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who are you, paris hilton?
I dont google myself or have herpes...but that's only because no one wants to do me.
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Old 01-26-2012, 02:01 PM   #49
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I sent Joe P a txt last night when y8s was boring me.
I saw that when I got back to my laptop, but you were already offline.

So, what evil things was he saying about me?
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Old 01-26-2012, 02:39 PM   #50
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nothing, I lied.
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Old 01-26-2012, 03:38 PM   #51
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Originally Posted by Reverant View Post
Just to let you know - the Enhanced MS2 that I build right now (the one based on the MS2V3), works like this - the medium and high current stuff is seperated, the MS2 mainboard only carries very low current signals and inputs. All the high current stuff (injectors, idle valve, boost control, relay control, etc) is done on my expansion board. In fact, I have seperate grounds on the expansion board for the high current devices and a seperate ground for the analog (and noise sensitive) devices.

Result is that with the standard MS2 code (no advanced TPS filtering) and with a TPSdot lag filter of 85, I'm getting TPSdot spikes that are not higher than about 20. Throttle response is SHARP.
That's pretty much what I'm aiming for. Initially, I'm using a pretty fast RC filter on the analog stuff, as I want to see how clean these signals can be gotten. If I have to, I'll tear back into it later and bump the time constants.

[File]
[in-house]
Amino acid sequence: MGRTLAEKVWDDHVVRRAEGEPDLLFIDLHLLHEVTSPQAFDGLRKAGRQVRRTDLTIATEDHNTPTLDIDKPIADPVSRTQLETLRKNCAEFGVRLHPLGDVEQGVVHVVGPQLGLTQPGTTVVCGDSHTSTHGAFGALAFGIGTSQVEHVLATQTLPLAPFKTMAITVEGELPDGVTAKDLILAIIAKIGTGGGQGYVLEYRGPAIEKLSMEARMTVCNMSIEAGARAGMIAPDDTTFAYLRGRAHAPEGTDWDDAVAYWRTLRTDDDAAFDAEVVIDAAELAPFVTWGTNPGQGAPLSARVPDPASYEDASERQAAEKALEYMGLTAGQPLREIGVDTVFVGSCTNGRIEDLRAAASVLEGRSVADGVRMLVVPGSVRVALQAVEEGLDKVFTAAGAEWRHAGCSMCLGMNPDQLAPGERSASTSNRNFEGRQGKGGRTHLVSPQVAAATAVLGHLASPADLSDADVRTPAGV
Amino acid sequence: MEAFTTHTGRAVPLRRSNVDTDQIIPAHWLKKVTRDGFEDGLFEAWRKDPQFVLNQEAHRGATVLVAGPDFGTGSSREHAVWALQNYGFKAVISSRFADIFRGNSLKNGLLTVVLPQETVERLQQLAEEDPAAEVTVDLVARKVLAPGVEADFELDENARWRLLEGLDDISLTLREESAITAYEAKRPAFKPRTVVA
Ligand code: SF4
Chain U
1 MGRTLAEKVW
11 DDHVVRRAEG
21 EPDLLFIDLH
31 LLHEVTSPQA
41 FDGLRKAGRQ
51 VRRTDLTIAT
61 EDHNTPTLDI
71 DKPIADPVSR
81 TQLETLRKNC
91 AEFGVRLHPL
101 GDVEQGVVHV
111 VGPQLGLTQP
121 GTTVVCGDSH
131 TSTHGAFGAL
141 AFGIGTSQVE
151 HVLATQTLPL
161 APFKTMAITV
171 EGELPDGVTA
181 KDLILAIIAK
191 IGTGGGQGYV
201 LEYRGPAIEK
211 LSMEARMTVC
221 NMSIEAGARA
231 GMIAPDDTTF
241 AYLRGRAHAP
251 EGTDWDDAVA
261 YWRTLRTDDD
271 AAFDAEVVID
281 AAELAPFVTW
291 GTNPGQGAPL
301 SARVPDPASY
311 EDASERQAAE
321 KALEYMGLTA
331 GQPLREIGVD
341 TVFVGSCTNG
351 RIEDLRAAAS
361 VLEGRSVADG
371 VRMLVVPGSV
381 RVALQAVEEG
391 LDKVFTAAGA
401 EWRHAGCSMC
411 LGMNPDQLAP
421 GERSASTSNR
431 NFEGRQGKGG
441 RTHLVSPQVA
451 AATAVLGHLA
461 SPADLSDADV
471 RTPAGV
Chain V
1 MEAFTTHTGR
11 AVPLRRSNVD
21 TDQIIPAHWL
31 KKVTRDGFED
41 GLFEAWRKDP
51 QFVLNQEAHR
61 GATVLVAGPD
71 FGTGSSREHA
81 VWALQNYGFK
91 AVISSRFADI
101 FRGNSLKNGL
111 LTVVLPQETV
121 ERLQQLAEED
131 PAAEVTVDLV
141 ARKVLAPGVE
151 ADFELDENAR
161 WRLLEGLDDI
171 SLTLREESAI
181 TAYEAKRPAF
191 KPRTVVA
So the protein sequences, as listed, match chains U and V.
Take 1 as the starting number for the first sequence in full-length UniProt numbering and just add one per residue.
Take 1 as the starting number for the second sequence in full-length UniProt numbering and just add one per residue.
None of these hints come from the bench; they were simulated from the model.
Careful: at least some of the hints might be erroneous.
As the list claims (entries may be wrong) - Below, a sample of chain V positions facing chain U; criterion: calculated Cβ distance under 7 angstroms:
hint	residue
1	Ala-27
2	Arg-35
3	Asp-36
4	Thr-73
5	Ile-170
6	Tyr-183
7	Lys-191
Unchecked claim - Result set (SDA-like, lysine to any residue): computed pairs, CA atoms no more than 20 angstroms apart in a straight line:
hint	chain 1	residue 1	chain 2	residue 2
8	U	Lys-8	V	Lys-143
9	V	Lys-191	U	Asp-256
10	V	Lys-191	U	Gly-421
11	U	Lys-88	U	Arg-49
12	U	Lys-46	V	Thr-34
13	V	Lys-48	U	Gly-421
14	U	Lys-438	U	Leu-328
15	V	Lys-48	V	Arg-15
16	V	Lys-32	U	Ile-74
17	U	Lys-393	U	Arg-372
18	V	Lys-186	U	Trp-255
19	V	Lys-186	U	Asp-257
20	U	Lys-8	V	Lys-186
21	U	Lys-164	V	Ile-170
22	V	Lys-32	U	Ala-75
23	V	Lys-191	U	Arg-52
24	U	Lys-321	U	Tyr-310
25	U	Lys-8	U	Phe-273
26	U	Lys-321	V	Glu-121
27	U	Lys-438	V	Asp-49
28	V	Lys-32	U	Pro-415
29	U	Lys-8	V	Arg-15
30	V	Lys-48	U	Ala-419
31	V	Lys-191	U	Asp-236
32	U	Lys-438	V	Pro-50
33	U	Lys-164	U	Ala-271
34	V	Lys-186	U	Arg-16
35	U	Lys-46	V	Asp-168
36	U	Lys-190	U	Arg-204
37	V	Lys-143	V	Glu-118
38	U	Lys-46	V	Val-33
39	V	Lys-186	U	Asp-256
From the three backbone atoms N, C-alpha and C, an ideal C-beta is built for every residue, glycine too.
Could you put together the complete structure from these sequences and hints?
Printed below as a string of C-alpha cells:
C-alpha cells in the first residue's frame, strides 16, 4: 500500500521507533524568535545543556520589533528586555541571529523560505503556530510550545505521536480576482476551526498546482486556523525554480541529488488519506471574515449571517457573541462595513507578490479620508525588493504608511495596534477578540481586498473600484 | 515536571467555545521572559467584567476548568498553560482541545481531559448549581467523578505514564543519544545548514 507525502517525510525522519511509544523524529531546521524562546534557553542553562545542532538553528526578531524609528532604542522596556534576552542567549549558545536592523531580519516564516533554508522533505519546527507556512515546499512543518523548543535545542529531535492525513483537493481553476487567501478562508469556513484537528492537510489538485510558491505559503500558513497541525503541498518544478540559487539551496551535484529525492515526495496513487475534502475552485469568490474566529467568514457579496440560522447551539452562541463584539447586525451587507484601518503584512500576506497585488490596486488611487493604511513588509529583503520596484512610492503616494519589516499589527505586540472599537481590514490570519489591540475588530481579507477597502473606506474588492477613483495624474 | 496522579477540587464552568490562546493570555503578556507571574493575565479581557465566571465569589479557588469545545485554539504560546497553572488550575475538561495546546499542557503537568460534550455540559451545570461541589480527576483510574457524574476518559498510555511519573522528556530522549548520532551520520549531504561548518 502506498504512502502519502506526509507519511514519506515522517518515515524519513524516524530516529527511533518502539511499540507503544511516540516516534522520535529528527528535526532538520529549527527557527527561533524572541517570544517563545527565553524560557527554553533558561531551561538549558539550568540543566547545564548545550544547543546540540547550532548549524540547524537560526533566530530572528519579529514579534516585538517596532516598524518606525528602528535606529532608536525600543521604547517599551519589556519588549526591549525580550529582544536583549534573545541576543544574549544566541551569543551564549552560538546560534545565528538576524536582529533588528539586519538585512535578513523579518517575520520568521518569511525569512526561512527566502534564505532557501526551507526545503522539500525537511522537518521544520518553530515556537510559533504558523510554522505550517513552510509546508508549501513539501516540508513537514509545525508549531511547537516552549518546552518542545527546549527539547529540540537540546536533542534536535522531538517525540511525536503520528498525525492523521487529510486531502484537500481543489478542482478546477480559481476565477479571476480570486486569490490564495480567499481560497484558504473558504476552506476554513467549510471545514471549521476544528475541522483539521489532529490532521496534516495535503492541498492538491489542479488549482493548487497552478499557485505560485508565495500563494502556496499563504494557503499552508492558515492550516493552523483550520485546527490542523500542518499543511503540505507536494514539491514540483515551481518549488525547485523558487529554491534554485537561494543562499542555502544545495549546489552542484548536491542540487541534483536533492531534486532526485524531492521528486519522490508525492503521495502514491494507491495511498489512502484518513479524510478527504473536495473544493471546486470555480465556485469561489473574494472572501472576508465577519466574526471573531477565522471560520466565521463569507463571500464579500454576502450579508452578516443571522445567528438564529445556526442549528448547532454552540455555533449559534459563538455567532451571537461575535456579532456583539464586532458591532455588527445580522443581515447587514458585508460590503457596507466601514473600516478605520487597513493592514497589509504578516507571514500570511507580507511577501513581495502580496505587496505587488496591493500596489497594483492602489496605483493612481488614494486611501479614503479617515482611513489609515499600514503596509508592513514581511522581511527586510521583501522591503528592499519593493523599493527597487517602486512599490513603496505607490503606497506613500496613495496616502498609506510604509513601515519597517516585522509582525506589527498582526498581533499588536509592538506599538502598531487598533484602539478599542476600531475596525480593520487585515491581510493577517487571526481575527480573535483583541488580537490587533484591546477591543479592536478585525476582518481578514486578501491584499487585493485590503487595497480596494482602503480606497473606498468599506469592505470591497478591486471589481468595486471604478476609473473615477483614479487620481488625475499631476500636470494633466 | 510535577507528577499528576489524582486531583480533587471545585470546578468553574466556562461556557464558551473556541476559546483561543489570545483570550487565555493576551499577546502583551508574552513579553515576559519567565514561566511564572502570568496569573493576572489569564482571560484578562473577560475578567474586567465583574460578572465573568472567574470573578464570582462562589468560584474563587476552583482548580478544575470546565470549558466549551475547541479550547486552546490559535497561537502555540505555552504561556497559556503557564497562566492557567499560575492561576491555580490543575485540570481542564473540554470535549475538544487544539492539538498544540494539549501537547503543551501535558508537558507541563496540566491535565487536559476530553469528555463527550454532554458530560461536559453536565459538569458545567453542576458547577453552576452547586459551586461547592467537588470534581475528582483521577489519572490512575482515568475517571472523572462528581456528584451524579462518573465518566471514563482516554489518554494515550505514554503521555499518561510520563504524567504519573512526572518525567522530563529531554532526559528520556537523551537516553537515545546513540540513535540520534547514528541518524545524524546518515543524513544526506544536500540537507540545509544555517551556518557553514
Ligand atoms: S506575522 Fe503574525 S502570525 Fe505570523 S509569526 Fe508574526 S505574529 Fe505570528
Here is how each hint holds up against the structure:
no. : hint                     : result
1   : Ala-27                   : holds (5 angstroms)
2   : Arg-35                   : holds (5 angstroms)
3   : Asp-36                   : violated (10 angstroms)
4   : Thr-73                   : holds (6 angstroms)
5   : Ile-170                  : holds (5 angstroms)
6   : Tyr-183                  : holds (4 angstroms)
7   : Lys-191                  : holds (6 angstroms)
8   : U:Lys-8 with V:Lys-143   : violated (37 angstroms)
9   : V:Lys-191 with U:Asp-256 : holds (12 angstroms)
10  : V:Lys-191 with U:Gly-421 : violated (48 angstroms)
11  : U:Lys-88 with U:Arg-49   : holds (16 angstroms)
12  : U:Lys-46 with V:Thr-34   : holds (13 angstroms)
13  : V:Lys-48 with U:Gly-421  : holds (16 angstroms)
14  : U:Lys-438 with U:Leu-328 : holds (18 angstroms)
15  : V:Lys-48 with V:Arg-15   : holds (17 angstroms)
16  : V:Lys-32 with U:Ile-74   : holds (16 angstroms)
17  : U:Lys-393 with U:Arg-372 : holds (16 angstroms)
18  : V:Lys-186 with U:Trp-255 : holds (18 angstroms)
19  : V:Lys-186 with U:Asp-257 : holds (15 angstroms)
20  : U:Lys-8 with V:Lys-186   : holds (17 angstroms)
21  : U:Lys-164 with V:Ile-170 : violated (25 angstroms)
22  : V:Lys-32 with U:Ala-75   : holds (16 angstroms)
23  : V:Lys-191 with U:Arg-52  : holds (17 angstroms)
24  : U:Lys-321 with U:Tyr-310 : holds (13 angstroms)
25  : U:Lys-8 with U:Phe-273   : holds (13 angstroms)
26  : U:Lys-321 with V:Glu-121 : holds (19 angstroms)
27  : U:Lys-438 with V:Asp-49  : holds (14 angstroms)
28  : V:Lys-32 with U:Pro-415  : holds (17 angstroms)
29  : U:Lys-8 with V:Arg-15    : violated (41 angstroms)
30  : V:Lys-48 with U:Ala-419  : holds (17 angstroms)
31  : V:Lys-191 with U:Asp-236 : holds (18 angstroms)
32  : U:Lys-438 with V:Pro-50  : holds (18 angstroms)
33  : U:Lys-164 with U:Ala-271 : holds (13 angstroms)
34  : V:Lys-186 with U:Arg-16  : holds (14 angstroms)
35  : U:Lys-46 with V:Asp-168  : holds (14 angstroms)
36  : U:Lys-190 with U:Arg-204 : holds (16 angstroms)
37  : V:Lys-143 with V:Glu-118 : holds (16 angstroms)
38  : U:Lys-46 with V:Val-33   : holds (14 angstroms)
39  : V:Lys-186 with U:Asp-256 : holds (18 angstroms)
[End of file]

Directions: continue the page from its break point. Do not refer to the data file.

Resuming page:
I've seen some of your stuff, and I'm impressed. Honestly, what I'm doing here isn't all that fancy. I have decided that the ECU should control the check-engine light at startup (for smog-testing purposes), and since this car has aircon, I'm also experimenting with a new circuit for driving that. It's compatible with JustinHoMi's A/C idle-up code modification, and also lets the ECU automatically disengage the compressor if RPM falls below a certain threshold. Aside from that, I'm keeping things simple.
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Old 01-26-2012, 03:42 PM   #52
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Neat stuff, right up my alley, thanks for sharing.
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Old 01-26-2012, 03:44 PM   #53
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It's compatible with JustinHoMi's A/C idle-up code modification, and also lets the ECU automatically disengage the compressor if RPM falls below a certain threshold. Aside from that, I'm keeping things simple.

EDIT: Nevermind. MSI.
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Old 01-26-2012, 06:02 PM   #54
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Progress pics. The sub-board has the power regulator along with all of the "noisy" stuff, which is basically the injector drivers and the IDL driver. They have their own dedicated grounds, completely isolated from the analog / logic grounds. (This is one of the design flaws in the 3.0 board that has always bothered me- everything shares a common ground.)
Can the same idea be implemented using the MS3+MS3x? All the high current circuits are on the MS3X and the signal inputs are all on the main board. The MS3X has its own high current ground and it is connected to the main board ground via a polyfuse.

Thanks.
-Raj
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Old 01-26-2012, 06:16 PM   #55